Donaghy personifies Kerry's cuteness in relegation thriller
Looking at the Kerry and Tyrone game yesterday one has to wonder why there was so much aggro between these two counties when they were competing for All-Irelands over the past decade.
Their relationship on the playing field in those days was as nasty as I have seen in many years and left many people with sour tastes in their mouths - other than Tyrone people of course.
Yesterday's encounter in Omagh produced a few skirmishes, but it was mere child's play by comparison to ten years ago. Instead we watched a wonderful game of football between two evenly matched team - on this day at least - and with relegation hanging over each county the stakes were really high.
In the end it was the cuteness of Kerry when danger threatened in tight situations coupled with their undoubted ability to play better kick passes over the 70 minutes that saved them.
There was less hand-passing than usual these days and mention of the demise of Gaelic football would have hardly have been mentioned as the thousands trooped out of Omagh yesterday.
Kerry were certainly not as advanced in physical fitness as Tyrone and that was a big factor in keeping the home side in this game. Every time Kerry did get in front, Tyrone had the runners ready, willing and able to carry the ball to the other end of the field and get the points to keep them in the game.
The fact that it was fouling by the Kerry backline that allowed Tyrone to come back to parity in the 68th minute was something that could have proved more costly for Kerry.
Kieran Donaghy, returning to his father's home county, was obviously the Kerry target man.
And so it turned out to be. Joe McMahon, one of the few survivors of the great Tyrone sides of the past, coped reasonably well with the big man by punching the dropping ball out of his reach. McMahon was one of the few Tyrone players with the physical strength to deal with the Kerry full-forward.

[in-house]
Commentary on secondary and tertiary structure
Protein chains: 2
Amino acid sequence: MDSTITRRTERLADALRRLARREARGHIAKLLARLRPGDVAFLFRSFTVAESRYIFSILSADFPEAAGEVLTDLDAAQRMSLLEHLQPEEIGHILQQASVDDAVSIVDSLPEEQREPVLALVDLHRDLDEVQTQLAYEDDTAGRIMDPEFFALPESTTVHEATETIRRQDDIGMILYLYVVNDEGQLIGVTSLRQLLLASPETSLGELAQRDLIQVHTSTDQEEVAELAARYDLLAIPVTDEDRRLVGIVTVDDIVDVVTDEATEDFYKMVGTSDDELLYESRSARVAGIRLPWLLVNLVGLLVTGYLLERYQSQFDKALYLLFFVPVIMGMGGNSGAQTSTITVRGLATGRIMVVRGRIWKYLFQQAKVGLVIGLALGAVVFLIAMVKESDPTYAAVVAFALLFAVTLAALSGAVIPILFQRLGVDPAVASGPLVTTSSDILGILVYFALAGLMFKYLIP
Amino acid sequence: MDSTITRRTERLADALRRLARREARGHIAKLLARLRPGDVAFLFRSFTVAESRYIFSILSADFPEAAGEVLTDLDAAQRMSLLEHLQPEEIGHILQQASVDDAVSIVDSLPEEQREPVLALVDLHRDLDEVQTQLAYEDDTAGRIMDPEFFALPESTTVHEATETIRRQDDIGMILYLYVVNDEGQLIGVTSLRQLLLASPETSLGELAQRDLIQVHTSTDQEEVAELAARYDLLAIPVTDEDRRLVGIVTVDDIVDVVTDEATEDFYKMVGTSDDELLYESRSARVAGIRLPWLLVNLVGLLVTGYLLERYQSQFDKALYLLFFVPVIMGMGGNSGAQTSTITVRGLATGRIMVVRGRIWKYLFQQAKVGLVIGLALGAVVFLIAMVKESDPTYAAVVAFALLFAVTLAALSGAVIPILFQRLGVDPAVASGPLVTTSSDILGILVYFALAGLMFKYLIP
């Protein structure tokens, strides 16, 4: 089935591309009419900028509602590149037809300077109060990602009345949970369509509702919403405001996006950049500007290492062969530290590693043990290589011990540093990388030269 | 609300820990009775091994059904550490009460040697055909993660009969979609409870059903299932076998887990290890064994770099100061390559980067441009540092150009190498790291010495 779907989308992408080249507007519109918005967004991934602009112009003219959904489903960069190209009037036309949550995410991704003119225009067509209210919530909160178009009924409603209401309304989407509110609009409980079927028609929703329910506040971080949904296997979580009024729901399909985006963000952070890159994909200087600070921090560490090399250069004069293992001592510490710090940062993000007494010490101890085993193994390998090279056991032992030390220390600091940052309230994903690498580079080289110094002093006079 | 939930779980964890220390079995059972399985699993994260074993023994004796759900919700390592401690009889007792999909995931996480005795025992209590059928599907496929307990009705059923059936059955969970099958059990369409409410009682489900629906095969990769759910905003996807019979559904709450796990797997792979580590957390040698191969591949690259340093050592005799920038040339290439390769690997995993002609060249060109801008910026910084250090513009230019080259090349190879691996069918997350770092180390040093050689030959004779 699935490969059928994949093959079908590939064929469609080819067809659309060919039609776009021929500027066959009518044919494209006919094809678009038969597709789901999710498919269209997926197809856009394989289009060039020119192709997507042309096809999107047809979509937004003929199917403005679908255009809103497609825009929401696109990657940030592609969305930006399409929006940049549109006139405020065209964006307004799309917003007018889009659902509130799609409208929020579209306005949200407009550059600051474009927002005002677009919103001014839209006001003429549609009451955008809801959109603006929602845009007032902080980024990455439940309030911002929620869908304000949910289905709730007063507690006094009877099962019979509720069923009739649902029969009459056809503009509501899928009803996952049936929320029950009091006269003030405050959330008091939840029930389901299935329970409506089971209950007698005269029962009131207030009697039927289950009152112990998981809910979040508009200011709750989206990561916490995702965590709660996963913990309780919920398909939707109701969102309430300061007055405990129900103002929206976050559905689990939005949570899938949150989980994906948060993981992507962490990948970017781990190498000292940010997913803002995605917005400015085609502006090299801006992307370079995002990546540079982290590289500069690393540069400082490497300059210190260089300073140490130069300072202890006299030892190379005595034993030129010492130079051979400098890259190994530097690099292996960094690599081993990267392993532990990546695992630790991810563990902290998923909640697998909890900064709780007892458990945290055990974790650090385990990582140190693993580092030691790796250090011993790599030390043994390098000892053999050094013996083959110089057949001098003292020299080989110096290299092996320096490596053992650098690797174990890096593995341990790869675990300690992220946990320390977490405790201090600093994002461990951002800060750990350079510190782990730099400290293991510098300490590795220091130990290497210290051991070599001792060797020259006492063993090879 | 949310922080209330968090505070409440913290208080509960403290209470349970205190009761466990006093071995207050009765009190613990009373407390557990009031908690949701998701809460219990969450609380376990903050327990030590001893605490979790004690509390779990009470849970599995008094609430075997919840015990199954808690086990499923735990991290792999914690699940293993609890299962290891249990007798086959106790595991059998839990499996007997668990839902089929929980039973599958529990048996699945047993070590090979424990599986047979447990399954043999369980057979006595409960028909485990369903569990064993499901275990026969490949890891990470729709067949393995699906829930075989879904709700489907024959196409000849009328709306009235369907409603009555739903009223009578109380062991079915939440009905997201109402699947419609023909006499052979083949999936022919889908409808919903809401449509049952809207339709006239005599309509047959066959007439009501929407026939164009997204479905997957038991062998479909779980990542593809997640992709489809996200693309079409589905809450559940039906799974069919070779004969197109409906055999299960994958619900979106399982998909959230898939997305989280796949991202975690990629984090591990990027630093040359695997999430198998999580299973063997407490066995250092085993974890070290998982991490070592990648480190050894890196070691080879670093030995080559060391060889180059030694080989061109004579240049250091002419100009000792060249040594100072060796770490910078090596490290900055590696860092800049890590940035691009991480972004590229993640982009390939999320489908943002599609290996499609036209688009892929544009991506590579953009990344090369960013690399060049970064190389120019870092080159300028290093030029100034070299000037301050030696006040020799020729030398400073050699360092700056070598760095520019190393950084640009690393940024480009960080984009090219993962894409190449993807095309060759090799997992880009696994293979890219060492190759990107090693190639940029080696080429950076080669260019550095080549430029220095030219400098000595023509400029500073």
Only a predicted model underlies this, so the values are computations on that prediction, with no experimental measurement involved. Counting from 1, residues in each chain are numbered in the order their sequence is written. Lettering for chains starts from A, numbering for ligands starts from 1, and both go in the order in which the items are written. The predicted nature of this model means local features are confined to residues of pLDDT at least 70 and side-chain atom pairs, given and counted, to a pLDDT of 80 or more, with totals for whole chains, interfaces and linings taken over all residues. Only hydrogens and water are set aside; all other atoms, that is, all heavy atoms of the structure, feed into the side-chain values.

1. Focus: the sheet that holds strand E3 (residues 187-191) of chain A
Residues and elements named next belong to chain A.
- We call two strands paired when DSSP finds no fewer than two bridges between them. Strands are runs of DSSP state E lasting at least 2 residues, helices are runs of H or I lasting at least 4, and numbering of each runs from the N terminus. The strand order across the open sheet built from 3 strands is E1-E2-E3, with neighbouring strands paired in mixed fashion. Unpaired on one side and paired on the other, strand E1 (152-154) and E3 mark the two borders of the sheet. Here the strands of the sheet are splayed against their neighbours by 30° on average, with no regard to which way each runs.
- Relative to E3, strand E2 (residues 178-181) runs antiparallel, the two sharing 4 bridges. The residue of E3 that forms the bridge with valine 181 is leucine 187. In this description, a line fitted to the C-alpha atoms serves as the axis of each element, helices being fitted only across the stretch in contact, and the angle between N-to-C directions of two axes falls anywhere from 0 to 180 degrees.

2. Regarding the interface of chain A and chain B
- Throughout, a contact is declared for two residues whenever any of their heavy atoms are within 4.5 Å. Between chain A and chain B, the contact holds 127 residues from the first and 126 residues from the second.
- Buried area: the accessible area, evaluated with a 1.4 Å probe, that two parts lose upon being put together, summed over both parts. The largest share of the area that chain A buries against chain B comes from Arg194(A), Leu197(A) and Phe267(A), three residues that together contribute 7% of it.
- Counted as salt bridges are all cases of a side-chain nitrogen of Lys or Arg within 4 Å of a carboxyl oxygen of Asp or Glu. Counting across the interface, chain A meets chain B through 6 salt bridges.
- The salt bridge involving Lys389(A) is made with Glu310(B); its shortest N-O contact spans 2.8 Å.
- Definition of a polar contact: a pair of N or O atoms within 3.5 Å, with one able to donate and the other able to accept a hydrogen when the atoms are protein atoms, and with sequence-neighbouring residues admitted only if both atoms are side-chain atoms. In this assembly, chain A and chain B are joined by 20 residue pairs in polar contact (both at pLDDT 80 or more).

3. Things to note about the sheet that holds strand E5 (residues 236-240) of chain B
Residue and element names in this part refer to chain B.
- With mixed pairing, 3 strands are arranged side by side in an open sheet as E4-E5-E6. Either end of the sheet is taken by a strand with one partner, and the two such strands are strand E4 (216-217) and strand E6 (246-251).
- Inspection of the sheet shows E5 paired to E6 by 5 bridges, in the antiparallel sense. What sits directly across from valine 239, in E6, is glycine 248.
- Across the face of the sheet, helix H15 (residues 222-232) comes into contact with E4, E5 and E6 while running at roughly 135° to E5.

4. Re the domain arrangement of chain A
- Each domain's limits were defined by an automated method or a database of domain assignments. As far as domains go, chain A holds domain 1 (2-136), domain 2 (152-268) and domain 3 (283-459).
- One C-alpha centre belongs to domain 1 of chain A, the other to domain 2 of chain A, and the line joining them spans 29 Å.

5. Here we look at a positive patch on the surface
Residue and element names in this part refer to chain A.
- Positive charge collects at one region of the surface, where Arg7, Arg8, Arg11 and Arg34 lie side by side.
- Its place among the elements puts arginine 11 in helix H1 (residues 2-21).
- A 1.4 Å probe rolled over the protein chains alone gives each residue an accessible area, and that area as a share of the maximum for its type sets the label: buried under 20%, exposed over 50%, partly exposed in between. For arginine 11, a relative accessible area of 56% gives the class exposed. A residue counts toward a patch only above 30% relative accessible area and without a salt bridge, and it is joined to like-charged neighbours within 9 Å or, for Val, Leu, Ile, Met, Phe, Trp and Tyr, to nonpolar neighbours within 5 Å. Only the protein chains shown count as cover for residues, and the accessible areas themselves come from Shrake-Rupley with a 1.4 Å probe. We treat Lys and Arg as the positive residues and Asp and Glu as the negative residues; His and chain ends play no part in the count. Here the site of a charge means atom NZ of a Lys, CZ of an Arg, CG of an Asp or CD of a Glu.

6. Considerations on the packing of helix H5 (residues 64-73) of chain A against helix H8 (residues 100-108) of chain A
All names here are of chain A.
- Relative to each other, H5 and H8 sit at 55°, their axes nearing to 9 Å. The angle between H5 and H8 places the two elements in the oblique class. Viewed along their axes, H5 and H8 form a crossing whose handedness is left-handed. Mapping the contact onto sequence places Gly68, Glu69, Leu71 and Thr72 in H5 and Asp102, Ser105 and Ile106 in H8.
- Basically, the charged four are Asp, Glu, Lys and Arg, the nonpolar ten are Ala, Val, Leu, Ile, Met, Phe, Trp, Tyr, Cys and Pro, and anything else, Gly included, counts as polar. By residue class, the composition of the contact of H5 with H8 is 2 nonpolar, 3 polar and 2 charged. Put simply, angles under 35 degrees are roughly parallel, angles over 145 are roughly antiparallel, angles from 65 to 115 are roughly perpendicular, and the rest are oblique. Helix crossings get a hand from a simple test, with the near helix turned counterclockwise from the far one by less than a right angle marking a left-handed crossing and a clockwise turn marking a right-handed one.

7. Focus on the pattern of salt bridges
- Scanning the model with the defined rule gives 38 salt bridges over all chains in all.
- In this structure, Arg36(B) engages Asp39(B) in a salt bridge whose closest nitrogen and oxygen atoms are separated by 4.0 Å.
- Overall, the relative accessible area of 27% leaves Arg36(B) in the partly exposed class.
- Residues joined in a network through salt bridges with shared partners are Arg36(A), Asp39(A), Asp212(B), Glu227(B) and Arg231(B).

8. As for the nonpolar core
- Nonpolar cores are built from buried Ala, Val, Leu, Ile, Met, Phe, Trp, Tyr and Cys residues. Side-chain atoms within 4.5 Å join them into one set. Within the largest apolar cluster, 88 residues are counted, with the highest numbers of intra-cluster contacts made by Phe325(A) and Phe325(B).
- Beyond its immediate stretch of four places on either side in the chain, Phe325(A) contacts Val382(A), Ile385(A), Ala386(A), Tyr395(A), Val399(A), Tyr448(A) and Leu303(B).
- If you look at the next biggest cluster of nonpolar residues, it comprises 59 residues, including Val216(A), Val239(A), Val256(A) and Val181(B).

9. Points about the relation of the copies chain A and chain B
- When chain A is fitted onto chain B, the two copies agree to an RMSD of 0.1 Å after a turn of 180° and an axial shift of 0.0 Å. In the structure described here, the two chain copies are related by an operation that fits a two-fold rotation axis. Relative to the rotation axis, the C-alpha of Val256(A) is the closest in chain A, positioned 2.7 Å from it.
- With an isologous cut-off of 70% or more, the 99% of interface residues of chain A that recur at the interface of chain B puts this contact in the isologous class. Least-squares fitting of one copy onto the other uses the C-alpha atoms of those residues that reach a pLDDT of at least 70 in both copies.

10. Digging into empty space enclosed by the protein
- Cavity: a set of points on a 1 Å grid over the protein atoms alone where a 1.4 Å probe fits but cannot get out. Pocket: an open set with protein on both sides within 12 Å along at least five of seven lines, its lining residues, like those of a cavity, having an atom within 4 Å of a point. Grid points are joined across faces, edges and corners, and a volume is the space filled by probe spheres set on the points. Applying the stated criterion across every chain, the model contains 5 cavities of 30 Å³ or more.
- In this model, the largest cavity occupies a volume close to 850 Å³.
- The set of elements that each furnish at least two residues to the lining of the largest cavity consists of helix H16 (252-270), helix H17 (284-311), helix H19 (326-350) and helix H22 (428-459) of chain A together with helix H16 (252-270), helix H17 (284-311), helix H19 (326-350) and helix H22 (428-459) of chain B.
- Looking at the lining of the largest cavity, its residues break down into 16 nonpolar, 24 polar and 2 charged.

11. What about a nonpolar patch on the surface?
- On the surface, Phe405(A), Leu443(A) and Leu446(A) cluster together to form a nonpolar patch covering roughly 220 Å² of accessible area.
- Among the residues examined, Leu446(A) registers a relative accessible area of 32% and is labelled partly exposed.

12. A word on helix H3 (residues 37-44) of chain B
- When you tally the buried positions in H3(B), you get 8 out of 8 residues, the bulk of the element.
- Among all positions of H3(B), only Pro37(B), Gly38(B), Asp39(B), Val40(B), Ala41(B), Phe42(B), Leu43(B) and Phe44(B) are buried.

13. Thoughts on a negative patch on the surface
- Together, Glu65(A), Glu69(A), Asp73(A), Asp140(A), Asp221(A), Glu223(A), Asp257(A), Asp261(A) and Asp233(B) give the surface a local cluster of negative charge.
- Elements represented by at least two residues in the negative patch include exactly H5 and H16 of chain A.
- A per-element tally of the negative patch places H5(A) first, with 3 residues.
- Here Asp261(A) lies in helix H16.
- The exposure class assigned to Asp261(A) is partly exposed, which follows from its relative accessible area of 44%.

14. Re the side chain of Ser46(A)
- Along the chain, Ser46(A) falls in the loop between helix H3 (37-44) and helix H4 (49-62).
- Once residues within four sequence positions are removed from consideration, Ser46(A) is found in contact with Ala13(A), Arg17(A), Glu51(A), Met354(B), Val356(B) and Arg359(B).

But great players always have more than one trick in their armoury and Donaghy produced a few deft plays at close range.
One of them yielded a vital score in the 44th minute - Donaghy creating the initial chance for Darran O'Sullivan whose blocked shot ricocheted fortuitously into the hands of Paul Geaney who scored the decisive goal.
And as the All-Ireland final last year showed us, 'cometh the hour cometh the man' should be tattooed on Donaghy's chest because it was he who wriggled his way through to fist over a vital point that helped save his team from defeat.
The draw was all they needed to stay in Division 1 so the Kingdom captain has more than paid his way so far in 2015.
Overall, Tyrone did well enough in this game to give them reasonable expectations of having a good summer this year even if aspirations of winning the Sam Maguire are definitely not on the cards anymore.
Tyrone's return to Division 2 means it will be like the Ulster championship next year with Derry, Tyrone, Armagh, Fermanagh and Cavan all in the mix alongside Galway and Meath.
Blanket disease has Football in serious trouble
Gaelic football has always been a sport that lent itself to changes in style, often to the amazement of the populace and sometimes attracting fierce antagonism.
In the early 1920s a UCD student called Sean Lavan from Mayo one day set off on a solo run in a challenge game against Kerry and caused a sensation since it was the first time anybody had seen this skill used in a game. The rest is history.
In 1946 Antrim stormed through Ulster to prevent Cavan winning their eighth provincial title in a row with their brilliant use of the then version of the handpass, which shocked the GAA fraternity.
They met Kerry in the semi-final in an old-versus-new style - the Kingdom dismantled the fancy boys with a mixture of traditional football and brute force.
Then in 1960-61 along came Down with a version of football that did not depend on high-catching but developed the 'skill' of breaking the ball to deny Kerry's high-fielders control.
The handpass was back in the '70s with Kerry and Dublin amid severe criticism from many followers, and today we have the blanket defence all over and at all levels, even in schools.
Football has been ever-changing, and probably always will be.
But the latest trend is like a disease, which threatens to greatly weaken the tenets on which Gaelic football was founded and thrived despite all the various new fads over the years.
The GAA at central level must now face up to this reality and decide if the latest fad so no more than that, a fad.
Common sense rather than hysterical reaction is needed but any prominent GAA legislator who denies that the game is in serious trouble is himself in denial.